kinase

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kinase

 [ki´nās]
1. a subclass of the transferases, comprising the enzymes that catalyze the transfer of a high-energy group from a donor (usually ATP) to an acceptor, and named, according to the acceptor, as creatine kinase, fructokinase, etc.
2. an enzyme that activates a zymogen, named, according to its source, such as enterokinase, streptokinase, etc.
Miller-Keane Encyclopedia and Dictionary of Medicine, Nursing, and Allied Health, Seventh Edition. © 2003 by Saunders, an imprint of Elsevier, Inc. All rights reserved.

ki·nase

(kī'nās),
1. Enzyme that catalyzes conversion of a proenzyme to an active one (for example, enteropeptidase [enterokinase]). Important in salvage and recycling of nucleotides. Some antiviral agents work by inactivating viral or tumor kinases
2. Suffix attached to some enzymes to indicate transformation.
Farlex Partner Medical Dictionary © Farlex 2012

kinase

(kī′nās′, -nāz′, kĭn′ās′, -āz′)
n.
Any of various enzymes that catalyze the transfer of a phosphate group from a donor, such as ADP or ATP, to an acceptor protein. Kinases regulate many essential cellular processes.
The American Heritage® Medical Dictionary Copyright © 2007, 2004 by Houghton Mifflin Company. Published by Houghton Mifflin Company. All rights reserved.

ki·nase

(kī'nās)
1. An enzyme catalyzing the conversion of a proenzyme to an active enzyme.
2. An enzyme catalyzing the transfer of phosphate groups to form triphosphates (e.g., adenosine triphosphate).
Medical Dictionary for the Health Professions and Nursing © Farlex 2012

kinase

See TRANSFERASE.
Collins Dictionary of Medicine © Robert M. Youngson 2004, 2005

kinase

an enzyme that catalyses the transfer of a phosphoryl group from ATP to another compound.
Collins Dictionary of Biology, 3rd ed. © W. G. Hale, V. A. Saunders, J. P. Margham 2005
References in periodicals archive ?
However, under oxidizing conditions, the increased level of intracellular ROS promotes the dissociation of Nrf2 and Keap1, either by the oxidization of key reactive cysteine residues (Cys273, Cys288, and Cys151) that govern Keap1 activity or via the activation of kinases, such as protein kinase C (PKC), MAPK, phosphatidylinositide 3-kinases (PI3Ks), and protein kinase-like endoplasmic reticulum kinase (PERK) that phosphorylate Nrf2 [79-81].
We report here that the cytosolic tyrosine kinase Src can regulate EGFR activity, further modulating [O.sub.3]-induced IL-8 expression.
Several kinases, such as BubR1 and Bub1 (checkpoint kinases), Mps1 (monopolar spindle 1), Chkl (checkpoint kinase 1), tousled-like kinase-1, Plk1, and TD-60/RCC2 (regulator of chromosome condensation 2), have been recently shown to be involved in Aurora-B activation.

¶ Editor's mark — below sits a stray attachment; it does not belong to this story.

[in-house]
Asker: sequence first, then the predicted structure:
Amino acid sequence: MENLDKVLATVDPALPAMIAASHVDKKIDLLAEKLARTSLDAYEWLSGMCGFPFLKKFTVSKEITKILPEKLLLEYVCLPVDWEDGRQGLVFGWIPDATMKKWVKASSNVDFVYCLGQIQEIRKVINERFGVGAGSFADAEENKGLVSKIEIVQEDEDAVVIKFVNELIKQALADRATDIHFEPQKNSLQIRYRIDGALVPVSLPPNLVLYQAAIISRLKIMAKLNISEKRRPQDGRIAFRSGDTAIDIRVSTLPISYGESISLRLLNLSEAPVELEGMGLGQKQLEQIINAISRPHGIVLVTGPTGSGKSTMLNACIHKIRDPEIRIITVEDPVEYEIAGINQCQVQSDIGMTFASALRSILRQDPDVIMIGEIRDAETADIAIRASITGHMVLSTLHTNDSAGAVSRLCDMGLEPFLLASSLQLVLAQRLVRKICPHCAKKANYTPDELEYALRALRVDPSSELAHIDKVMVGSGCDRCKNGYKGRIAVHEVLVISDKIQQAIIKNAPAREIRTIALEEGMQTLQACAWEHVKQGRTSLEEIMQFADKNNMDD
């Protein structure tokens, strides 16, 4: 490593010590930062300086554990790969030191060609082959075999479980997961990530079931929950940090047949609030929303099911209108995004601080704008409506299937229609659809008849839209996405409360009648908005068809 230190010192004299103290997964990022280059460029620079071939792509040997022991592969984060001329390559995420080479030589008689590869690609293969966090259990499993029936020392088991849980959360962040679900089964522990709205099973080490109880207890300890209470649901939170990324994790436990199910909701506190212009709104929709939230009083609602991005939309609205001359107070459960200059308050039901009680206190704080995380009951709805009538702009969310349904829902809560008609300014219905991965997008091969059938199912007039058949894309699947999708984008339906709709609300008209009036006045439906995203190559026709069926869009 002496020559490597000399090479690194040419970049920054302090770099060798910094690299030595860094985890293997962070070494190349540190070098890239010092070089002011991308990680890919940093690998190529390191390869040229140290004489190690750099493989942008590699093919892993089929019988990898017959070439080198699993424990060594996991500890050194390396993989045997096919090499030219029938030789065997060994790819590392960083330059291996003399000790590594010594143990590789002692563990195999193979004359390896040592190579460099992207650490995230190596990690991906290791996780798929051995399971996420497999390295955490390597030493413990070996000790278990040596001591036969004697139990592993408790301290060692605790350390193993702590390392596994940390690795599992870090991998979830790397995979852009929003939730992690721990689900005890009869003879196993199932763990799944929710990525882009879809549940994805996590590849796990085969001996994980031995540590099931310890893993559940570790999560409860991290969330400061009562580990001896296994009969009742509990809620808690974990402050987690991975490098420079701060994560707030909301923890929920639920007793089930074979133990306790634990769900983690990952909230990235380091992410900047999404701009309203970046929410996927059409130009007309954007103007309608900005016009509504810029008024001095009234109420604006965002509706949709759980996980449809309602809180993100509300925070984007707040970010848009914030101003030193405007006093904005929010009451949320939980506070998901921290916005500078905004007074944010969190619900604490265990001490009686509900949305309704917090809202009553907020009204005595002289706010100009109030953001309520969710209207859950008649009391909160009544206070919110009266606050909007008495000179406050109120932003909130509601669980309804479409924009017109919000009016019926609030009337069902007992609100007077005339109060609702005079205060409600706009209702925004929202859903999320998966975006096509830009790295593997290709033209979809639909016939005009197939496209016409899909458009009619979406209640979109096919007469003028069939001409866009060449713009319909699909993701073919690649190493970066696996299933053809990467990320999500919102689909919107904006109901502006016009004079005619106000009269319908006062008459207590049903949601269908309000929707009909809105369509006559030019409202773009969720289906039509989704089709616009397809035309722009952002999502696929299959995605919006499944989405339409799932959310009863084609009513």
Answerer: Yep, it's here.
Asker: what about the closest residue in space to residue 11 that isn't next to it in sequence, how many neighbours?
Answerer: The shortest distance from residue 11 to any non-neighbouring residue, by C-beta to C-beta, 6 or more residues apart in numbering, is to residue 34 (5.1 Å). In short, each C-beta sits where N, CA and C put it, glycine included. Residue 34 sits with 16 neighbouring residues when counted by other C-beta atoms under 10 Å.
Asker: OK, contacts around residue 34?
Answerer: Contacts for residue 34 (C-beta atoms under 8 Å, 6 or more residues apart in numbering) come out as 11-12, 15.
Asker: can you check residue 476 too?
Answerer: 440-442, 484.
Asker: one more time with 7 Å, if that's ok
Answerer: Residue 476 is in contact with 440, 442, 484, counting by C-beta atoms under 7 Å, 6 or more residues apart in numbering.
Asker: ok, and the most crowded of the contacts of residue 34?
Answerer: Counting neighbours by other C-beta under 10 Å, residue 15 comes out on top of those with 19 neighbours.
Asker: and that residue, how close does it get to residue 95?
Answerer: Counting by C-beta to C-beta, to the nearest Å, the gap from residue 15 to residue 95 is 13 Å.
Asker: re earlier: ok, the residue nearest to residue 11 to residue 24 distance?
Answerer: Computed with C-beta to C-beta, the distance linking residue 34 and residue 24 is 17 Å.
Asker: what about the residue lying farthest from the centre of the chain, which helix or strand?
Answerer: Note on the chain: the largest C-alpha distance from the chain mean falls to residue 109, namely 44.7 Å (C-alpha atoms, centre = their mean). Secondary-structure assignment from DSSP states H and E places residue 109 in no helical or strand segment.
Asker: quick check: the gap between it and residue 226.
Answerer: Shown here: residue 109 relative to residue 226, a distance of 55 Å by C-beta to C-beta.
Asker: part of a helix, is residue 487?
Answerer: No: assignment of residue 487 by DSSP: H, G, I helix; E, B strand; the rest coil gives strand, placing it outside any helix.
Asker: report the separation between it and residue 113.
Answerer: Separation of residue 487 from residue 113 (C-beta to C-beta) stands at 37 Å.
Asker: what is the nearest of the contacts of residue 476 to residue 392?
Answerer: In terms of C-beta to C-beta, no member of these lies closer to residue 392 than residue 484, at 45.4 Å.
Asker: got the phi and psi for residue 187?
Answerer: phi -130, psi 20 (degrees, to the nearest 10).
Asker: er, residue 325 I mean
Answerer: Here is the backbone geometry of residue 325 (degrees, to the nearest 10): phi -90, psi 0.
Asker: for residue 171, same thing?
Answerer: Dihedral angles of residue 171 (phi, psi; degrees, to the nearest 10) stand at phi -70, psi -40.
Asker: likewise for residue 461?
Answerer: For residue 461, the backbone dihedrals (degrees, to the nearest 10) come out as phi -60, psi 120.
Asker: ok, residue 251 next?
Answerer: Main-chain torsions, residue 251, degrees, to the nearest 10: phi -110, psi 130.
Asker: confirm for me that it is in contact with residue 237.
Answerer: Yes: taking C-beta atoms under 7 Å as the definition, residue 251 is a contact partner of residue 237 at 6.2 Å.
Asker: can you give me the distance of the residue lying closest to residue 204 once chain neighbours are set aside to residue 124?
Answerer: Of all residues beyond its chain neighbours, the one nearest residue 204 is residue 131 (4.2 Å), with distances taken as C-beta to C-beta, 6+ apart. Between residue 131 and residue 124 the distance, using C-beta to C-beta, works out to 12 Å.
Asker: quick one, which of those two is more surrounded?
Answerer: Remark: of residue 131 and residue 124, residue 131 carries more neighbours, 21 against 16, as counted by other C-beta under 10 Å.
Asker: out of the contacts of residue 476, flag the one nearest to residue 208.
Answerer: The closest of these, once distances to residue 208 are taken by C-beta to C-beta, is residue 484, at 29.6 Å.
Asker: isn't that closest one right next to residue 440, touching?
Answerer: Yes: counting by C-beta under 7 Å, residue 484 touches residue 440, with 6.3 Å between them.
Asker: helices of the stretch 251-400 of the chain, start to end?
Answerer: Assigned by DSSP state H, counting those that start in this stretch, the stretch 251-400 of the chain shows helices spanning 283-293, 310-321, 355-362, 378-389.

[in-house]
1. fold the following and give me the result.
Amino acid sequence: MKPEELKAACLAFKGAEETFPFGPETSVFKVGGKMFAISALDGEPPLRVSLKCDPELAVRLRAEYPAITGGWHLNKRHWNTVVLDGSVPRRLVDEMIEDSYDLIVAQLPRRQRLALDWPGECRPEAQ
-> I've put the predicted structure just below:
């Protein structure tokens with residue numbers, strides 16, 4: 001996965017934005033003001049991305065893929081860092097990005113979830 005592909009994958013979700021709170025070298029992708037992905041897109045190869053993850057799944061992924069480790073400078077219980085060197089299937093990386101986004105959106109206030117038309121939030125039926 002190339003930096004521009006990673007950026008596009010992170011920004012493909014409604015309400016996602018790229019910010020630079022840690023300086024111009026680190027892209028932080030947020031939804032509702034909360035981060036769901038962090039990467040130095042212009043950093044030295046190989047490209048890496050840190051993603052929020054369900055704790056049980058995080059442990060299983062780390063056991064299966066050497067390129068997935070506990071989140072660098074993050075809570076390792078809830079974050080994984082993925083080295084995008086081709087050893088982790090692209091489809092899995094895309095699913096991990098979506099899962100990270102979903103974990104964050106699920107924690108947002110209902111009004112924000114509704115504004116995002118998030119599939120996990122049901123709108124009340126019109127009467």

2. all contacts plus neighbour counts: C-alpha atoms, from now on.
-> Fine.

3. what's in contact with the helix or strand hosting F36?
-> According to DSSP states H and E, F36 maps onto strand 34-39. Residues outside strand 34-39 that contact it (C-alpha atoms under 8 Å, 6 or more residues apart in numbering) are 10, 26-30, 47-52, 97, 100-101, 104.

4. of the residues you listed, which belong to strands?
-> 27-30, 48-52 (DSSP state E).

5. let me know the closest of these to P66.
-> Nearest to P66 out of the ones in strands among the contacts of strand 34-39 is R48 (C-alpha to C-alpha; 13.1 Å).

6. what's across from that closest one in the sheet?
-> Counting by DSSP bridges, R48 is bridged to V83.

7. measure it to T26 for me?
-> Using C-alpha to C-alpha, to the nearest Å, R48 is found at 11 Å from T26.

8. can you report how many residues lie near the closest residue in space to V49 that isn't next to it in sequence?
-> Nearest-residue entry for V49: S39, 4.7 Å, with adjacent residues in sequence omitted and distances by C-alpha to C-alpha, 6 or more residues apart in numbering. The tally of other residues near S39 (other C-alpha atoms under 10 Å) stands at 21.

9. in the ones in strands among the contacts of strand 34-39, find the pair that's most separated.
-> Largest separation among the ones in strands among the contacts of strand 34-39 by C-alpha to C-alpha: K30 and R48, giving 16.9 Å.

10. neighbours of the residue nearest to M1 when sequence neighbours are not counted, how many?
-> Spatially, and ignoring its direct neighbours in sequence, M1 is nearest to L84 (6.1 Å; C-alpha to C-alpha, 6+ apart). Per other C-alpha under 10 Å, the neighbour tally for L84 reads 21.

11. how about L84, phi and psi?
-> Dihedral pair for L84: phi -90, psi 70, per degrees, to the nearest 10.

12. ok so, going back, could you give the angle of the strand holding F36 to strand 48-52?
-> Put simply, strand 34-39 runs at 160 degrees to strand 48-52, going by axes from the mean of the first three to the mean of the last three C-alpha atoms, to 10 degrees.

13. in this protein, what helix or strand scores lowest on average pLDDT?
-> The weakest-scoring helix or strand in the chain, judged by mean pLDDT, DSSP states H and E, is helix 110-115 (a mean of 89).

In the current set of investigations, we are studying the expression of splicing factors which are the major deregulated family proteins in maneuvering the alternative splicing event to escape apoptotic pathway, potentially could be explained after using small molecular inhibitors against Akt kinase and GSK3beta with ability to restrict the occurrence of alternative pathway either by reversing or decreases the occurrence of alternative splicing, and will possibly help in restricting the tumor genetic heterogeneity.
Kinase is an enzyme class that helps to transfer phosphate groups to certain substrate from high energy molecules such as adenosine triphosphate (ADP).
Plant receptor-like serine threonine kinases: roles in signaling and plant defense.
This allows for inhibition of both primary and secondary mutations that shift the kinase towards its active conformation.
PIM kinases named for the genomic site, Proviral Integration site of Moloney Murine leukemia virus.
Abbreviations CNS: Central nervous system EGFR: Epidermal growth factor receptor ER: Endoplasmic reticulum FAK: Focal adhesion kinase IR: Insulin receptor NLR: NOD-like receptors NO: Nitric oxide NOS: Nitric oxide synthase PDGF: Platelet-derived growth factor PP2: 4-amino-5-(4-chlorophenyl)-7-(t-butyl) pyrazolo [3, 4-d] pyrimidine PTKs: Protein tyrosine kinases PTPs: Protein tyrosine phosphatases ROS: Reactive oxygen species RTK: Receptor tyrosine kinases.
In consequence, the aforementioned information adopted in the existing methods may not fully determine the corresponding protein kinase. It is well known that one protein kinase can catalyze multiple phosphorylation sites and one phosphorylation site can also be phosphorylated by multiple protein kinases [22-24].
The MAPK signaling pathway comprises 4 distinct cascades, designated as extracellular signal regulated kinases 1/2 (ERK1/2), Jun amino-terminal kinases 1/2/3 (JNK1/2/3), p38-MAPK, and extracellular signal regulated kinase 5 (ERK5), according to their most downstream kinase tier.